Musa is one of three genera in the family Musaceae; it includes bananas and plantains. There are over 50 species of Musa with a broad variety of uses. The word "banana" came via Portuguese or Spanish from a West African language (possibly Wolof) circa 1597 and has since found its way into most Western languages. The scientific name for the genus is similar to and possibly derived from the Arabic, Persian mawz/mauz (موز) or Turkish (muz) names for the fruit.
Though they grow as high as trees, banana and plantain plants are not woody and their apparent "stem" is just the bases of the huge leaf stalks. Thus they are technically gigantic herbs.
Musa species are used as food plants by the larvae of some Lepidoptera species including Giant Leopard Moth and other Hypercompe species including H. albescens (only recorded on Musa), H. eridanus and H. icasia.
Systematics and taxonomy
The genus Musa
was traditionally classified into five sections
(Ingentimusa, Australimusa, Callimusa, Musa
) but these were reduced to three in 2002. Previously, the 2n
= 20 chromosome
species were separated into the sections Australimusa
and the 2n = 22 chromosome species were separated into the sections Musa
. Recently, studies by Carol Wong and colleagues in Singapore
have revealed that genetic differences between each section in the same chromosome group are smaller than those within each section. This means that the traditional separation of the sections can no longer be substantiated. Wong's studies do, however, maintain the separation between the 20 and 22 chromosome species. At present the 14 chromosome Ingentimusa
section remains distinct.
Systematics and taxonomy
A number of distinct groups of edible bananas have been developed from species of Musa. By far the largest and now the most widely distributed group is derived from Musa acuminata (mainly) and Musa balbisiana either alone or in various hybrid combinations. The next but much smaller group is derived from members of section Callimusa (previously classified as Australimusa) and is restricted in importance to Polynesia. Of even more restricted importance are small groups of hybrids in Papua New Guinea; a section Musa group to which Musa schizocarpa has also contributed, and a group of section Musa × section Callimusa hybrids.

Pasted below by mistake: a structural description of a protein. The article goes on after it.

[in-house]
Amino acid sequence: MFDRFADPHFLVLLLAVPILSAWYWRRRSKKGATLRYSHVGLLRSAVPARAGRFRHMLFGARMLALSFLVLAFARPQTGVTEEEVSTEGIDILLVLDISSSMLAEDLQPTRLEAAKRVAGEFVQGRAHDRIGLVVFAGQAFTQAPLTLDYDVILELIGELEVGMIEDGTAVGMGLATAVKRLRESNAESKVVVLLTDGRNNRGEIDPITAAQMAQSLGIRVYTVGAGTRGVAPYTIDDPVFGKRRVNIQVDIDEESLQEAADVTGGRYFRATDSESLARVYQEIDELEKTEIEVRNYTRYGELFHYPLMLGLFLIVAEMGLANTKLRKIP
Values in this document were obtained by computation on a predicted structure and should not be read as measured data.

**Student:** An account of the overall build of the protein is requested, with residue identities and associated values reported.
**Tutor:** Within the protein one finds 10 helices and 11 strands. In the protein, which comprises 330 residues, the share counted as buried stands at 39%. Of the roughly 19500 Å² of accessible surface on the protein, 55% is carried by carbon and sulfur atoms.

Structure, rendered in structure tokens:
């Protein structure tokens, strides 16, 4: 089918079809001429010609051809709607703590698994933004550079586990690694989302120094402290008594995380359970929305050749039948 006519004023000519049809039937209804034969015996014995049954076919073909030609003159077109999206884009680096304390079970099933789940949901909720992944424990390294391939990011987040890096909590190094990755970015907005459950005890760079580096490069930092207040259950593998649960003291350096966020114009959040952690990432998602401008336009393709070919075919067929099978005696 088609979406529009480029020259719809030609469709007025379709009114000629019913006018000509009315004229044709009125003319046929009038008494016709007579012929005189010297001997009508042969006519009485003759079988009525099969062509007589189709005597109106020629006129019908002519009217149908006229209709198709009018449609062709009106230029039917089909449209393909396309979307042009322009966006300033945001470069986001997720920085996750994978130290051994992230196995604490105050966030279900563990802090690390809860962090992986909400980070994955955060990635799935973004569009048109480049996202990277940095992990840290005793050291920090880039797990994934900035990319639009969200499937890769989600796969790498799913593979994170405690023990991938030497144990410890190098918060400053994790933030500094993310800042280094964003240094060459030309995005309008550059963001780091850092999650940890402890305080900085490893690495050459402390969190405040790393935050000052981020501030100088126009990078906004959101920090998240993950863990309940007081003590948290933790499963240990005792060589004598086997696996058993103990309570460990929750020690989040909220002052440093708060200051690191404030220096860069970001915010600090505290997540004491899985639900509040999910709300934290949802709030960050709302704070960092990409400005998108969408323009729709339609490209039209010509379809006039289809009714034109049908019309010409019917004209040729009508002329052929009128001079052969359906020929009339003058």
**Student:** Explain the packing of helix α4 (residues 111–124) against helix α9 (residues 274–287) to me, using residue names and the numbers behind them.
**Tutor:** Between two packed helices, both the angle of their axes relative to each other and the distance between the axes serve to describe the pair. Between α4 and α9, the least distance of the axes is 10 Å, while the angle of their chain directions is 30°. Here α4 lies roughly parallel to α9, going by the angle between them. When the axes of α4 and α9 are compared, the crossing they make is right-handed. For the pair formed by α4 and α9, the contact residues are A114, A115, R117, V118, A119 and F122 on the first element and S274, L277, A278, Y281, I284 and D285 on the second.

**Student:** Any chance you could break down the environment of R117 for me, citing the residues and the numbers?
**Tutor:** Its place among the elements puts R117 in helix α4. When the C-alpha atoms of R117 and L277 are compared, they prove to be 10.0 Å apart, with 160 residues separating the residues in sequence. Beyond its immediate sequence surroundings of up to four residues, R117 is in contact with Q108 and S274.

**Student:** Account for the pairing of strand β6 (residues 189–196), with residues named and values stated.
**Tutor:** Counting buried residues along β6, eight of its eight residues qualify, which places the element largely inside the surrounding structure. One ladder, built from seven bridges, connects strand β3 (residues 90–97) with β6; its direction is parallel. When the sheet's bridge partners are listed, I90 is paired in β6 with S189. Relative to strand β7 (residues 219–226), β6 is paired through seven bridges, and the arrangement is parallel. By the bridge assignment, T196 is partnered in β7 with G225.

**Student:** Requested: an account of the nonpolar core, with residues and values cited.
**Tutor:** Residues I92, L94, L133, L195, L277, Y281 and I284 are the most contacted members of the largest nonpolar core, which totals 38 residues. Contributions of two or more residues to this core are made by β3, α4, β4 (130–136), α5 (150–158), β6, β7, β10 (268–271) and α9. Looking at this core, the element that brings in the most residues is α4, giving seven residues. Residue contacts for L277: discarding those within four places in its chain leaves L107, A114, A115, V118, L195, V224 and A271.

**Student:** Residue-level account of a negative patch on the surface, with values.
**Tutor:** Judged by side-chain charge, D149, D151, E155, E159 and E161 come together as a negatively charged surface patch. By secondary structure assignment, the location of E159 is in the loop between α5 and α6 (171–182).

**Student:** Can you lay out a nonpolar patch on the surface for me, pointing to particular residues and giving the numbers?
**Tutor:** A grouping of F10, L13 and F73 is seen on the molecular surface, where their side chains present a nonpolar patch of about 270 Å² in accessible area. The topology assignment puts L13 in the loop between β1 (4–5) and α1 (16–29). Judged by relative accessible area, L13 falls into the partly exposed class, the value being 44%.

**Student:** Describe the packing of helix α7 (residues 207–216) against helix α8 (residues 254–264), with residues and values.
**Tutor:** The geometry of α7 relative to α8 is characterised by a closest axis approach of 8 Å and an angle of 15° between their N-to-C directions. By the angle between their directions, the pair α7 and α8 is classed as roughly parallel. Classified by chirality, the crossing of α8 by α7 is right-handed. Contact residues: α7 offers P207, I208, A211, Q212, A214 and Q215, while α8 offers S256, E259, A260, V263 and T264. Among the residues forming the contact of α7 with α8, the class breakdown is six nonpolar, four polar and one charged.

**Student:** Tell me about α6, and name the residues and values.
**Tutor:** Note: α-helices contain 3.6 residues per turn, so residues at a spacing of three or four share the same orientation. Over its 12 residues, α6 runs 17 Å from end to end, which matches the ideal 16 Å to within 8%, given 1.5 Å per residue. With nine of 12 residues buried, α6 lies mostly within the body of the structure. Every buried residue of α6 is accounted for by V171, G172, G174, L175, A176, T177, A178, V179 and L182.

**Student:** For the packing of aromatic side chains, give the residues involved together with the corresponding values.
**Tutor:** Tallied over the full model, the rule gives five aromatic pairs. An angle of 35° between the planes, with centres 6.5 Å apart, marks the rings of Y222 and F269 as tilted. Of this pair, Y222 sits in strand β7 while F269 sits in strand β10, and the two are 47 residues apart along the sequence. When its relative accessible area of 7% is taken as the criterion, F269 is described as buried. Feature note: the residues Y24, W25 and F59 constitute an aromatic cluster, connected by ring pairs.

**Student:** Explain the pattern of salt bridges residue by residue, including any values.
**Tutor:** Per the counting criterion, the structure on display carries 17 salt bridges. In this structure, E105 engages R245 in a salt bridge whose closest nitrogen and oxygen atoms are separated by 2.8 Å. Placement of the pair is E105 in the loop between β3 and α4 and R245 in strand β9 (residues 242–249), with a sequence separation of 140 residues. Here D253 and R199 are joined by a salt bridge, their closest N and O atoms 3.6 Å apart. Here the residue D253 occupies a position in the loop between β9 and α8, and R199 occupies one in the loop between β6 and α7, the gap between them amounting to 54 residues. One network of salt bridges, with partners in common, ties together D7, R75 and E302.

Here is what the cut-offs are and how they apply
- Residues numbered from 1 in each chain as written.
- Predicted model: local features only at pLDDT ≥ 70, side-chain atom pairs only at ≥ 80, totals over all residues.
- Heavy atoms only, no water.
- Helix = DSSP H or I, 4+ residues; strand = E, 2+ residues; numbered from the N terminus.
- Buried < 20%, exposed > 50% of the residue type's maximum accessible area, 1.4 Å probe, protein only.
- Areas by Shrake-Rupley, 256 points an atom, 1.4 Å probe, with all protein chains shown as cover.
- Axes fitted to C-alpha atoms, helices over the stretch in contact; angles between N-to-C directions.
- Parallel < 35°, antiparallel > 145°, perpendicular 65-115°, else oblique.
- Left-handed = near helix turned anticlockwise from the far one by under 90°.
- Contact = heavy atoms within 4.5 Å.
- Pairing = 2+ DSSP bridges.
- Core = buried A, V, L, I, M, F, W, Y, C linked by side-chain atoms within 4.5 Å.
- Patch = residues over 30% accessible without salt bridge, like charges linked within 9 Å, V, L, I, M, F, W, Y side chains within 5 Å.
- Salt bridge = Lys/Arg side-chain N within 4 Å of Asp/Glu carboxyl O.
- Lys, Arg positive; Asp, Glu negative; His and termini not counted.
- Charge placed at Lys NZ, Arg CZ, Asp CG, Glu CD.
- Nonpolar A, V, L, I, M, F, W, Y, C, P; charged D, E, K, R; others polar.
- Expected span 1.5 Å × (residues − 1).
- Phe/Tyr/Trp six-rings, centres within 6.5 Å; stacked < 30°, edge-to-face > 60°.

From the time of Linnaeus
until the 1940s different types of edible bananas
were given Linnaean binomial names, such as Musa cavendishii
as if they were species. In fact, edible bananas have an extremely complicated origin involving hybridization
and finally selection
by humans. Most edible bananas are seedless (parthenocarpic
) and hence sterile, so they are propagated vegetatively. The giving of species names to what are actually very complex, largely asexual, hybrids led to endless confusion in banana botany
. In the 1940s and 1950s it became clear that the cultivated bananas and plantains could not usefully be assigned Linnean binomials, but are better given cultivar
names. An alternate genome-based system for the nomenclature of the section Musa
bananas was devised.